Security researchers have discovered multiple hardware and software vulnerabilities in HP multi-function printers that could be used to steal confidential information and remotely pivot through network infrastructure.
Finnish security vendor F-Secure analysed a HP MFP M725z networked printer from 2013, which is still supported and contains firmware from that same year.
Physical access to the printer would allow an attacker "to dump and tamper with all data that is stored on the system and user partitions of the device," the researchers wrote [pdf].
This could lead to leakage of confidential information and the installation of permanent rootkits on the devices.
Examining the firmware yielded further exploitation vectors for the researchers, including running a SOCKS proxy on a printer, allowing an attacker to move laterally through network infrastructure.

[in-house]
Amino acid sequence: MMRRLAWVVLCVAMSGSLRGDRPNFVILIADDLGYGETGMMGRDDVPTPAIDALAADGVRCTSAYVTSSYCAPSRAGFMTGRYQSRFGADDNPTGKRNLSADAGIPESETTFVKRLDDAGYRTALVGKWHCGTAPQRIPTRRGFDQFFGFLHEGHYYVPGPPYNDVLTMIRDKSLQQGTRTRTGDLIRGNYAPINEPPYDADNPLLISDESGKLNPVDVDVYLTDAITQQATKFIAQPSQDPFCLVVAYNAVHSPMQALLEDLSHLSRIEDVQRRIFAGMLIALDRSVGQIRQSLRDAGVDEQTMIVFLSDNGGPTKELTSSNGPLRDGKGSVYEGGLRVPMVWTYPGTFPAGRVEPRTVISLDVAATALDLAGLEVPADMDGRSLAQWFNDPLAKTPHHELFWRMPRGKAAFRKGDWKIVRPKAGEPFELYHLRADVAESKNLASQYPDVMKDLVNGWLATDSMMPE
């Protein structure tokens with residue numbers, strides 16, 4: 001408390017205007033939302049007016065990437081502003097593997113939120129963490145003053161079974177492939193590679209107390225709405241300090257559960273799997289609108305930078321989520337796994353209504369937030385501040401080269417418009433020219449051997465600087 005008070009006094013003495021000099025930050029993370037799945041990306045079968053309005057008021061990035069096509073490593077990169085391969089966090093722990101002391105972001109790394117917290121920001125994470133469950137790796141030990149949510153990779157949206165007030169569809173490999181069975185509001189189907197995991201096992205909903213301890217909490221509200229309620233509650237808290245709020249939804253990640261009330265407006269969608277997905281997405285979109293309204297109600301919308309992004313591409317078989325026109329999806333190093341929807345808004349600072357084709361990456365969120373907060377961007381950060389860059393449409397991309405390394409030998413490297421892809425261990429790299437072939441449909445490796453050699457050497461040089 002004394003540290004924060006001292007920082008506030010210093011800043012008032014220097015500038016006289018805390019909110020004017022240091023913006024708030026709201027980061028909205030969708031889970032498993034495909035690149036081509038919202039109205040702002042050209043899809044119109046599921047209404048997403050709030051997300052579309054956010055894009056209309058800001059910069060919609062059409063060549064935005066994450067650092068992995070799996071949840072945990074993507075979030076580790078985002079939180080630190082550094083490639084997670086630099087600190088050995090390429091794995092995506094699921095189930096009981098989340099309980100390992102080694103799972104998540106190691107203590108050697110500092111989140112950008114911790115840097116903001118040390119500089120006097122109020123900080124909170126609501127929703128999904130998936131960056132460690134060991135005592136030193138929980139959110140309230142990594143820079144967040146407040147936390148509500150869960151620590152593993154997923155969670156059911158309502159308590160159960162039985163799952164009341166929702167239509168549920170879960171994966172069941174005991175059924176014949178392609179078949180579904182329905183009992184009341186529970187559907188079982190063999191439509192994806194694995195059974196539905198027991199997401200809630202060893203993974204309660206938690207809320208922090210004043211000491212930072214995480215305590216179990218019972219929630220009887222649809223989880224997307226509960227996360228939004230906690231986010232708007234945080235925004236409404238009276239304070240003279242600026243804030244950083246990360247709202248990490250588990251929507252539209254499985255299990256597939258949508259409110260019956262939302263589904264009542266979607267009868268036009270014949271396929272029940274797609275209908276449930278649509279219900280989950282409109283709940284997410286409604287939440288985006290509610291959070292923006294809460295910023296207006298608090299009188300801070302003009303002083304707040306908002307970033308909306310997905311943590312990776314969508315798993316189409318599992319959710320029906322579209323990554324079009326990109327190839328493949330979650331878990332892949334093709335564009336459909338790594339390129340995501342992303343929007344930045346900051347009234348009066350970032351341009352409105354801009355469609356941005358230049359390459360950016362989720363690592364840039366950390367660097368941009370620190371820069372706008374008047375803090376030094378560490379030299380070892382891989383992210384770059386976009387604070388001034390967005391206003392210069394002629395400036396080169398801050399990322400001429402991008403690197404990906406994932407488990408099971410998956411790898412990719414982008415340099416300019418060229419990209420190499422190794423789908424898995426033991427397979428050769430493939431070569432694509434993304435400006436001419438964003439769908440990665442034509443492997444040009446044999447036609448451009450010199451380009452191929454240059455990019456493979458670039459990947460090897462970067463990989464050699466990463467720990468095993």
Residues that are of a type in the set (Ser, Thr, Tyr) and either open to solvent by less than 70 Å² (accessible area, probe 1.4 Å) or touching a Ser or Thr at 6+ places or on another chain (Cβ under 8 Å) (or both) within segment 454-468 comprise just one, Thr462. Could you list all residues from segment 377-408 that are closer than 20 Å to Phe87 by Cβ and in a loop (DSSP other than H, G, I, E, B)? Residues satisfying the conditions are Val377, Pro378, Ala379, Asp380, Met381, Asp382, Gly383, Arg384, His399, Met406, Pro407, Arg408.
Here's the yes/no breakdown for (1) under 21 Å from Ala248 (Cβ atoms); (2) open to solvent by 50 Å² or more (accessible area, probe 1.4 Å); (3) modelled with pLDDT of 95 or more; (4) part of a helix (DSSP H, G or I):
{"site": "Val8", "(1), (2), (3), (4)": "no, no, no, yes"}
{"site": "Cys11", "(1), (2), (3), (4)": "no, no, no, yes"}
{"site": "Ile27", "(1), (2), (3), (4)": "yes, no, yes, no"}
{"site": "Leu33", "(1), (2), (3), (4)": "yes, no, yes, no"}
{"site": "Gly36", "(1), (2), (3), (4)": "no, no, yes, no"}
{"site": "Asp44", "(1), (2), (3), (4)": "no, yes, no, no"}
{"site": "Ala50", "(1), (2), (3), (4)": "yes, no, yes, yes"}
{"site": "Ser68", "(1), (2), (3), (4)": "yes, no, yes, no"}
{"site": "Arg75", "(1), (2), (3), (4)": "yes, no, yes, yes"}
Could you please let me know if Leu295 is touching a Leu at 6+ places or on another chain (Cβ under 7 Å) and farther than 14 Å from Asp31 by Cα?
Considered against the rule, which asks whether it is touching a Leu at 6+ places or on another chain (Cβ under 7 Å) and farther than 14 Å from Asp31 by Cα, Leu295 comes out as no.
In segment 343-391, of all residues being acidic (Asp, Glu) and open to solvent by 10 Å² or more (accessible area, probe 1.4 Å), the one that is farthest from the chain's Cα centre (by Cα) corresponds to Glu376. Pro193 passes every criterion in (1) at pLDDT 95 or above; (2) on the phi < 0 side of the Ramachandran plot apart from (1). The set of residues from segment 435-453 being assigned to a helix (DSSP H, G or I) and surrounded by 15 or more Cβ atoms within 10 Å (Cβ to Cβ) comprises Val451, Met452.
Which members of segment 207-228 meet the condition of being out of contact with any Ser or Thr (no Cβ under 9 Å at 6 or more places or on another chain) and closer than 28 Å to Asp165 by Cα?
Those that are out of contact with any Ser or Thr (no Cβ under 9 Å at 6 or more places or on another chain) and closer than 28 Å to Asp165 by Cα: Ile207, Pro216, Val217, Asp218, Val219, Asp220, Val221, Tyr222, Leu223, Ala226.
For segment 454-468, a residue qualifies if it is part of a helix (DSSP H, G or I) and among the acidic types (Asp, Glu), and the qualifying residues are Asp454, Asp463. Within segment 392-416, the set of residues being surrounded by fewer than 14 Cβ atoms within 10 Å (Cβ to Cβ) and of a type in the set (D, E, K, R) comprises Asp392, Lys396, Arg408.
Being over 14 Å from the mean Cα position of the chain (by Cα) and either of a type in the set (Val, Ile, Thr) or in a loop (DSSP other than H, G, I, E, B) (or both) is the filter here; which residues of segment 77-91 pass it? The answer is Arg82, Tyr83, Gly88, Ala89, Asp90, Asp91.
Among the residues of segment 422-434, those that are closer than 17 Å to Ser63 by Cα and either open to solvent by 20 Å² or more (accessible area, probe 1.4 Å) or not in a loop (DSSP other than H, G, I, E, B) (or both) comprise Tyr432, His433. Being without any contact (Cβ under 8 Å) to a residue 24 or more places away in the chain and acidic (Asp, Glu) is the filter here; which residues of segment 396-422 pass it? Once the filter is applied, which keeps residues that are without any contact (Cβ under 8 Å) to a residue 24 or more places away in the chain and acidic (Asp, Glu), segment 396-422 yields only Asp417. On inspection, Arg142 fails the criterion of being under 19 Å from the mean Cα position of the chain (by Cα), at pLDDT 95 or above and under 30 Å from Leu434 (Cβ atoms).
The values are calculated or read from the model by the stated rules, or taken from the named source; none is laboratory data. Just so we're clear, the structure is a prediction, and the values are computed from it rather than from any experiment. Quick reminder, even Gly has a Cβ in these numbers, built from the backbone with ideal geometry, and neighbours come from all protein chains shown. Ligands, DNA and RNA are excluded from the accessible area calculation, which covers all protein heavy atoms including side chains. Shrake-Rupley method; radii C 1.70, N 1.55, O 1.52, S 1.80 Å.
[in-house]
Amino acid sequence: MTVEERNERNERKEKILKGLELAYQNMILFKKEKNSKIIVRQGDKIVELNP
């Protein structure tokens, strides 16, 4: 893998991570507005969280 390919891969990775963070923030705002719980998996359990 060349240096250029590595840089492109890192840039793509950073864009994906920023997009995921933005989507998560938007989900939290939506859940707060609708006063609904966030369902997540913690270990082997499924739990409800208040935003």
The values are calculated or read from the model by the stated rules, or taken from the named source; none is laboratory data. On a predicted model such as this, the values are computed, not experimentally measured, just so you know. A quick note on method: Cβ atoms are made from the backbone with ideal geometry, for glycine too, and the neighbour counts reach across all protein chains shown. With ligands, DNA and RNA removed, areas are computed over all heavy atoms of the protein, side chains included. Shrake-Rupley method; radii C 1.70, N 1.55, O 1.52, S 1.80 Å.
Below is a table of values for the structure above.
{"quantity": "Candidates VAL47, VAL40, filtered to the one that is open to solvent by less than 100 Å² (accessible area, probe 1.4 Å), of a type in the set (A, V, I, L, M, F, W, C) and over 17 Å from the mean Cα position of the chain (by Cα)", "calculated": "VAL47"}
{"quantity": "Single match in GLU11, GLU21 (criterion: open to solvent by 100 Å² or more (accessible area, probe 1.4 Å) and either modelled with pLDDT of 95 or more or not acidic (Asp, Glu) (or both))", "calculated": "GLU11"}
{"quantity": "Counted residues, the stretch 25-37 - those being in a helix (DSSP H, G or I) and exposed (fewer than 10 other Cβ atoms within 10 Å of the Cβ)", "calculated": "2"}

That remote code execution vulnerability in the font parsing system could be exploited through a malicious website, or a specially crafted document sent to the printer.
F-Secure estimates that around 150 HP multi-function printer models are vulnerable to the exploits found by the security firm.
The security vendor recommends that multi-function printer users follow HP's security practice advisories to mitigate against the vulnerabilities, including isolating printers on separate virtual local area networks and leaving printing via USB at its default disabled state.
Physical attacks can be detected with anti-tamper stickers on the printers which, if damaged, would reveal unauthorised access to the devices.